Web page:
What are phone call scams?
Most Americans are familiar with the classic phone call scam. Nefarious persons obtain access to thousands of phone numbers (or choose an area code and try different combinations of the other seven numbers until they get lucky and find a real number). When they reach you, or your voicemail, they lay out a scenario in which you must take urgent action to prevent dire consequences from unfolding. Usually that action involves divulging sensitive information, often financial in nature.
Because most people have received these calls countless times, we’ve learned to recognize the typical tropes and avoid falling prey to phone scams. However, bad guys are always developing improved schemes to get information from you. Therefore, it’s important to stay up to date with the phone scams happening in your area at any given time. The most recent example is the false order scam from “Amazon” and “Apple.”
The Amazon/Apple False Order Phone Scam
In this scam, if you pick up the phone you’ll find someone impersonating an Amazon customer support agent on the other end of the line. They’ll claim that an order for a $1200 iPhone 12 or another expensive product has been placed on your account. If you haven’t ordered an expensive product on Amazon recently, you’ll reasonably be alarmed by this news. The bad guys rely on your sense of fear and urgency to extract sensitive information from you over the phone.
The phone scammers may also ask you to visit a website, or gain your trust by conversing casually with you. Do not answer any of their questions, do not go to any website they ask you to visit, and do not, under any circumstances, provide them with remote access to your computer. This will allow them to control your device and extract any information they please.
What makes phone scams effective?
Phone scammers may employ a variety of tricks to make their invented scenario sound more realistic. For example, they may use your social media to determine where you were on vacation recently, and say that the false order originated from that location. They may also pair the phone scam with fake emails that appear to come from a legitimate company like Amazon, but are actually doctored to convince you that your account has been hacked and to hand over passwords or other sensitive information.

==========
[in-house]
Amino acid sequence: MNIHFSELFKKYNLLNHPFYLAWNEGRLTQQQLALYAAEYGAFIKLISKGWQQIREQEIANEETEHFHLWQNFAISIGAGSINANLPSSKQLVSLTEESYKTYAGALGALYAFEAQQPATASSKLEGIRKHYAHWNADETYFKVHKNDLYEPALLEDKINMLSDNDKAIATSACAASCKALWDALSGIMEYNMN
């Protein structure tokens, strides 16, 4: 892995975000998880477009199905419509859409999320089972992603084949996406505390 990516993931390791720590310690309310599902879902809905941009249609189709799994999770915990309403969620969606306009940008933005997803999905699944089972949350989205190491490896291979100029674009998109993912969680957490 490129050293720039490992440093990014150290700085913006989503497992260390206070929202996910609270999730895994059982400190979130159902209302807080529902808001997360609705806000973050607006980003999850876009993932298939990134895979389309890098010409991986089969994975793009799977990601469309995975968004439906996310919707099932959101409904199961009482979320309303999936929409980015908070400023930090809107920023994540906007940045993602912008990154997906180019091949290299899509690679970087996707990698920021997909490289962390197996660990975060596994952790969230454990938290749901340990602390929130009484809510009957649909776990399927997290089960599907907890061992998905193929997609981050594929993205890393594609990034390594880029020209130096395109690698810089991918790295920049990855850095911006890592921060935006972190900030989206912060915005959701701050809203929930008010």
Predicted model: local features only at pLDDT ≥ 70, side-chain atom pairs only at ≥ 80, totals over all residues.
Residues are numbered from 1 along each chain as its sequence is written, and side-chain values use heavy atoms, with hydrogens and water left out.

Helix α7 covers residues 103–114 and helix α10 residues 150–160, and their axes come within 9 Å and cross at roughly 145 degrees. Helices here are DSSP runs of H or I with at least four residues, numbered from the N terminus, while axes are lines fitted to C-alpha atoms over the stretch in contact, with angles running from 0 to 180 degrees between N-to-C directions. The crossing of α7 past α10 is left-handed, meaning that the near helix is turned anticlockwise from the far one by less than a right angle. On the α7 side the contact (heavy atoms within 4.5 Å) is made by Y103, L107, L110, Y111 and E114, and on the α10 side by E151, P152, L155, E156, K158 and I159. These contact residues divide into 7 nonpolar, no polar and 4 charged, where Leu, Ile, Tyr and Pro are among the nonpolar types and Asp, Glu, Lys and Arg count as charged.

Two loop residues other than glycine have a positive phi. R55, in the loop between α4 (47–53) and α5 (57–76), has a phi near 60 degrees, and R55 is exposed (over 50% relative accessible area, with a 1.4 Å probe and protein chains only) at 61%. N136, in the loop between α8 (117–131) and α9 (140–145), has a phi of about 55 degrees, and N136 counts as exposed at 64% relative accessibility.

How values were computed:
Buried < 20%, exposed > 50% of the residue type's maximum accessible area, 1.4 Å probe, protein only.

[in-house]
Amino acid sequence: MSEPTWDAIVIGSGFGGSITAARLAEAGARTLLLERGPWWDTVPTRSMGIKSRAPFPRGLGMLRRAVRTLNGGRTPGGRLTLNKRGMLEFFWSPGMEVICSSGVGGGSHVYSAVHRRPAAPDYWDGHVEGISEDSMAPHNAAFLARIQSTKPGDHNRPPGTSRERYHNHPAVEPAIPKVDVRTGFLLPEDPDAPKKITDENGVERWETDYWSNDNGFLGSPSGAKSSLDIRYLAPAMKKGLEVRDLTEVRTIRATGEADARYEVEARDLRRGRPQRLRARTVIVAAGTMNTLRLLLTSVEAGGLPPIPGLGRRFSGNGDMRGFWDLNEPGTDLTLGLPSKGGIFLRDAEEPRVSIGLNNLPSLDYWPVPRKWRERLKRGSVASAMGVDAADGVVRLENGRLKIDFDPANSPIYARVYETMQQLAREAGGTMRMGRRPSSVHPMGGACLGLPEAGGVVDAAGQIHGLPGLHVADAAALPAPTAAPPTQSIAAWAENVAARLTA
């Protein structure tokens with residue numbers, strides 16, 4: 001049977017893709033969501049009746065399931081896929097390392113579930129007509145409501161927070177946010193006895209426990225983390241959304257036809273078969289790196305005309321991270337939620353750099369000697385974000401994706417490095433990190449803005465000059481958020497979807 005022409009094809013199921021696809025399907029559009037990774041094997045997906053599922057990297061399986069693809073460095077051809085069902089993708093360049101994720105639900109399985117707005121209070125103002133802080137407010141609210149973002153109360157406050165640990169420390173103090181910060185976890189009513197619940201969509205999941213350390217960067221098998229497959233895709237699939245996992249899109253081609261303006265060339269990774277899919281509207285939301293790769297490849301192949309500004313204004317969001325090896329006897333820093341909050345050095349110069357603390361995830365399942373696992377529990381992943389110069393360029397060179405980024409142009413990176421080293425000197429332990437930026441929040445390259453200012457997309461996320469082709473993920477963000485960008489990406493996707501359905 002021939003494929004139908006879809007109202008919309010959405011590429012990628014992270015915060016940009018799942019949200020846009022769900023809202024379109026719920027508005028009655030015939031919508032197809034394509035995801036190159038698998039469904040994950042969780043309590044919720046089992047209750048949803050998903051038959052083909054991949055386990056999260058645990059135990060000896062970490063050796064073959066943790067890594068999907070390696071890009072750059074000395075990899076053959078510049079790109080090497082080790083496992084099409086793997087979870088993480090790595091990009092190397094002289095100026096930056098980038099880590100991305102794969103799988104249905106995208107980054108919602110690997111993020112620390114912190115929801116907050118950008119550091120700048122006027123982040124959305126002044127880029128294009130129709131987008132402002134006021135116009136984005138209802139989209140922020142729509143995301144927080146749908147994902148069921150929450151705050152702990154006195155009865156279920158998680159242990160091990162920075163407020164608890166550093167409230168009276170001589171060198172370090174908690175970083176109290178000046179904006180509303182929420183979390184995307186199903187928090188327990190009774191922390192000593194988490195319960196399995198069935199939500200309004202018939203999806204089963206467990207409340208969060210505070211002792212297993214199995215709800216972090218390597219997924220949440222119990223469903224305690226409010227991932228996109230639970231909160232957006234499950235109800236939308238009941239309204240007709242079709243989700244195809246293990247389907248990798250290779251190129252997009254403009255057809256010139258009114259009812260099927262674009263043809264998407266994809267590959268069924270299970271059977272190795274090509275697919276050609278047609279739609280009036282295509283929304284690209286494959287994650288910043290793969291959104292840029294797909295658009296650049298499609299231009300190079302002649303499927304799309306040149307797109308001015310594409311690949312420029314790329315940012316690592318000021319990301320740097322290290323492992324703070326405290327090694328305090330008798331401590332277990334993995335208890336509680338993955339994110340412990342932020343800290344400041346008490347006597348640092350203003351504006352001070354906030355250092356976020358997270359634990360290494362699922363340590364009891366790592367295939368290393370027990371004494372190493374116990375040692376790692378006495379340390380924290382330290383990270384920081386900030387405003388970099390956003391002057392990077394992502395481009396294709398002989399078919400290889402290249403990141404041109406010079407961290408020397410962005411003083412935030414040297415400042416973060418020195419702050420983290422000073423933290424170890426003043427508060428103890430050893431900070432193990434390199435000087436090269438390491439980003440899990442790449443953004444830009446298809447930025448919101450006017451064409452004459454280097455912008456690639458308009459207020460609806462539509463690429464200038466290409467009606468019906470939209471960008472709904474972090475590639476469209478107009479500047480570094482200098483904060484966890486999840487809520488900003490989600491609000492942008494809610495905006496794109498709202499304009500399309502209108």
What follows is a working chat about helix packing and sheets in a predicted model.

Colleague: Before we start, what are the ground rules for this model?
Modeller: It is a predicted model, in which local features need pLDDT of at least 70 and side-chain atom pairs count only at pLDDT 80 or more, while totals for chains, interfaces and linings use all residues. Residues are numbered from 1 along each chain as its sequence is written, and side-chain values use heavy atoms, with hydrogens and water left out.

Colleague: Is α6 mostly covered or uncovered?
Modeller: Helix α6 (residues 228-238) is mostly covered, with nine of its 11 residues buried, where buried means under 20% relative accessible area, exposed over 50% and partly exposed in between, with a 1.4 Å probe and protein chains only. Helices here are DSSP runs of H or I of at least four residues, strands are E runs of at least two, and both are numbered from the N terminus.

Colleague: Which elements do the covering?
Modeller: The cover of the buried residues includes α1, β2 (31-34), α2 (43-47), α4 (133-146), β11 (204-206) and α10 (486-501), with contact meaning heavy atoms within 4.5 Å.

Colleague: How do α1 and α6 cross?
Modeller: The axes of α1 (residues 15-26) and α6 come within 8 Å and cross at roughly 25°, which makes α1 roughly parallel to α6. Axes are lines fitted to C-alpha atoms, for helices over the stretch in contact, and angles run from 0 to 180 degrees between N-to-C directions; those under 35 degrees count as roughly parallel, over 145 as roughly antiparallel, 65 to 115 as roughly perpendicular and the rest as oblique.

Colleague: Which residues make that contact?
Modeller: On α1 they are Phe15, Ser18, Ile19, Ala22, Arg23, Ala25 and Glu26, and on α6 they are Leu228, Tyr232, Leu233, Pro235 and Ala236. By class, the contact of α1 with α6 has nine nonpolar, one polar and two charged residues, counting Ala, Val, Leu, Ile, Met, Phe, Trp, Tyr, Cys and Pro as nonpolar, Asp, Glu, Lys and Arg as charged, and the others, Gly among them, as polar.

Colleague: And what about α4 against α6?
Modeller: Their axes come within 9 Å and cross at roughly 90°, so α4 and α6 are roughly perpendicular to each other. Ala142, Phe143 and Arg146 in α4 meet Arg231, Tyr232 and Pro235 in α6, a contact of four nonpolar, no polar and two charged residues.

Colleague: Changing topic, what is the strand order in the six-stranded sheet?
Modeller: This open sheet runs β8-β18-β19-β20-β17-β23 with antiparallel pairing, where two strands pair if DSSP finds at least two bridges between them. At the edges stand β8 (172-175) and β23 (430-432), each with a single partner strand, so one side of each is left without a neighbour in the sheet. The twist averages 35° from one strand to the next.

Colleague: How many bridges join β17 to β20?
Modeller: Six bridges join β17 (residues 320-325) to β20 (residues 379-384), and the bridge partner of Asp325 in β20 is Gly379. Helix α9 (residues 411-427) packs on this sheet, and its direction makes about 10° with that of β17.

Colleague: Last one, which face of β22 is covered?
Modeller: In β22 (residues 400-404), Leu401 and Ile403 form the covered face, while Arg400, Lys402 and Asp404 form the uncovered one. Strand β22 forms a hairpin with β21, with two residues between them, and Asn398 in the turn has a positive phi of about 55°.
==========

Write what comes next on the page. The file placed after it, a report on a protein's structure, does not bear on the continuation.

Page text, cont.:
When you receive emails encouraging you to take rapid and urgent action, or if the claims the email is making seem unrealistic or off in any way, the safest course of action is to call the customer service desk for the company that supposedly sent the email, and confirm that they actually did send it. You can also look at other emails from that company you’ve received in the past. If the suspicious email appears different in any way, then it’s probably a hoax.
Phone scams may be an old trick, but they’re still common because they work. Always be suspicious of unsolicited calls, and err on the side of caution. The safest course of action is always to call the company at the number posted on their website. If you are being encouraged to act urgently and rapidly, or being asked to provide access to your device or to private information, hang up the phone immediately.
What else can you do?
Inform your friends and family of the recent false order scam, and encourage the people around you to be diligent at all times. As long as you stay “dialed in” and focused, you’ll avoid falling prey to phone scams.